Sunday, April 24, 2011

Happy Easter


Every year we give my mother-in-law an Easter lily. It's a nice tradition my husband started. This year the lily started to open up after I brought it home from the store. It was so beautiful that I took about a million photos on Friday, hoping for a good one. I think I got one. It's hard not to look at this beautiful flower without gratitude.

Milestone in suburbia

Good days come in all shapes and sizes and when you least expect them. Today was a one of them.

I couldn't have foreseen it. I was up until 2:00 a.m. the last two nights, writing and then downloading, culling, editing, and uploading photos.

But it was.

This morning our little one woke me up at 8:00 a.m., mercifully late.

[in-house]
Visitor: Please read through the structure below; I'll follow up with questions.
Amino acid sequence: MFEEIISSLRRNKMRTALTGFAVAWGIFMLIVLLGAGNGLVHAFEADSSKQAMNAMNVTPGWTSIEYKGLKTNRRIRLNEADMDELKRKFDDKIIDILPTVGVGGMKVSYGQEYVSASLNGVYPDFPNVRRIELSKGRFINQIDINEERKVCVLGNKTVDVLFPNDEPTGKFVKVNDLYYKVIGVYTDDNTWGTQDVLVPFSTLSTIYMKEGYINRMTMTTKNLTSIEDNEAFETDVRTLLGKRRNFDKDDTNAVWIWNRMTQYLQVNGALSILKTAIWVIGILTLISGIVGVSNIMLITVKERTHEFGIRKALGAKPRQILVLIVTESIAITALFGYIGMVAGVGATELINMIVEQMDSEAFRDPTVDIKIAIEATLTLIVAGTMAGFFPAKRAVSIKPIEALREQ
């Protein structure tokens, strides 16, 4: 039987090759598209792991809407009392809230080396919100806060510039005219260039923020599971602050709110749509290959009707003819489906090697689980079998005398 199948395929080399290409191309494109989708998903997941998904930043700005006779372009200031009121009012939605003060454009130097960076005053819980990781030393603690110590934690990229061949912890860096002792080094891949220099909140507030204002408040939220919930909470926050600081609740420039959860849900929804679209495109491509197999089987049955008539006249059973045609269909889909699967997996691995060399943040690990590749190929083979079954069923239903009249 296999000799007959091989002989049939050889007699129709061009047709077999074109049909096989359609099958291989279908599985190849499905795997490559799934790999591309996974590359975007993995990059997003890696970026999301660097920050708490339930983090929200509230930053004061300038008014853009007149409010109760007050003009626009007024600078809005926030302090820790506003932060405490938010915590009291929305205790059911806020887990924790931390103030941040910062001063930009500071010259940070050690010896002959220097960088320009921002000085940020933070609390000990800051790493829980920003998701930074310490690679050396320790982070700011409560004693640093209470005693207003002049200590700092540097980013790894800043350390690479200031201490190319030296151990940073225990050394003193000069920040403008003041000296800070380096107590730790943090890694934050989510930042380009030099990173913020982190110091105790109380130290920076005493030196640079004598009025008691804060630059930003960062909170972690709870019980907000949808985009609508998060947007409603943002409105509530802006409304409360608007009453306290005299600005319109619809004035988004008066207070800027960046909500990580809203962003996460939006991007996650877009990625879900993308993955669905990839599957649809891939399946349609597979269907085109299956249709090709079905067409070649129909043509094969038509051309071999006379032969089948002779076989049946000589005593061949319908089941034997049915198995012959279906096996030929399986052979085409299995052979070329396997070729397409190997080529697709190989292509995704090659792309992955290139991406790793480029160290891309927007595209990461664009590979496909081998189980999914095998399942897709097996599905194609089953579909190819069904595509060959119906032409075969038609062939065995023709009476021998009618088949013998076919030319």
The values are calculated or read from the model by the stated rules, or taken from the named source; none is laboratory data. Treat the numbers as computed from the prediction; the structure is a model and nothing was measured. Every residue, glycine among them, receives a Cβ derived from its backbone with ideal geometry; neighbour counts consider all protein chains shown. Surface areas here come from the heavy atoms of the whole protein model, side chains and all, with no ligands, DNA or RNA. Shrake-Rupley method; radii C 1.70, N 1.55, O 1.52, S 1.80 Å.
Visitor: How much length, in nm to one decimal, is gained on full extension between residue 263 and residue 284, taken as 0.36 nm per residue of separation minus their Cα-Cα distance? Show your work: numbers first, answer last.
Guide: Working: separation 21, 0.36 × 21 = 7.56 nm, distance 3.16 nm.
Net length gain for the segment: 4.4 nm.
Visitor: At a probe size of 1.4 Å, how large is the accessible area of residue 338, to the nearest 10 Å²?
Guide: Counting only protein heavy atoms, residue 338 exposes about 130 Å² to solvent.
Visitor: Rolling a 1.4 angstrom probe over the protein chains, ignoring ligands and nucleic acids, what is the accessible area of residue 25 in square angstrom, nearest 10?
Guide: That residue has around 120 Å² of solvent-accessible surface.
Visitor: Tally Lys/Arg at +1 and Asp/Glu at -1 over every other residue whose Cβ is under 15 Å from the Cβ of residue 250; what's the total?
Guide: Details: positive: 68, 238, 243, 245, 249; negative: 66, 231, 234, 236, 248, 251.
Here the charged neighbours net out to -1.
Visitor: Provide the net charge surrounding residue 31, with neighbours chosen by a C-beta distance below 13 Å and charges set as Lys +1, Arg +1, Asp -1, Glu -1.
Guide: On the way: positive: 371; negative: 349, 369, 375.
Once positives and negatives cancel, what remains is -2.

My dad emailed and said that my photos were beautiful.

My father-in-law came over for coffee with his son and grandson and brought me a Tim Horton's Steeped Tea (my weakness).

My husband filled my Kate Spade Thermos with coffee while I showered. I didn't need any more caffeine, but we have a nascent Bailey's-flavoured-coffee-Zoo tradition.

My son and I left the house at exactly the time I had agreed to meet our friends at the Zoo. But we live just 10 minutes from the Zoo, we had agreed to meet 15 minutes before it opened, and my friends were later than we were. I love that!

J was glad to see his buddies G and JL. The boys raced from exhibit to exhibit, often leaving their friend JL behind, and were reluctantly corralled when they got too far ahead. We re-grouped at the play structure, where the boys adorably delighted in feeding Goldfish to JL's baby brother A.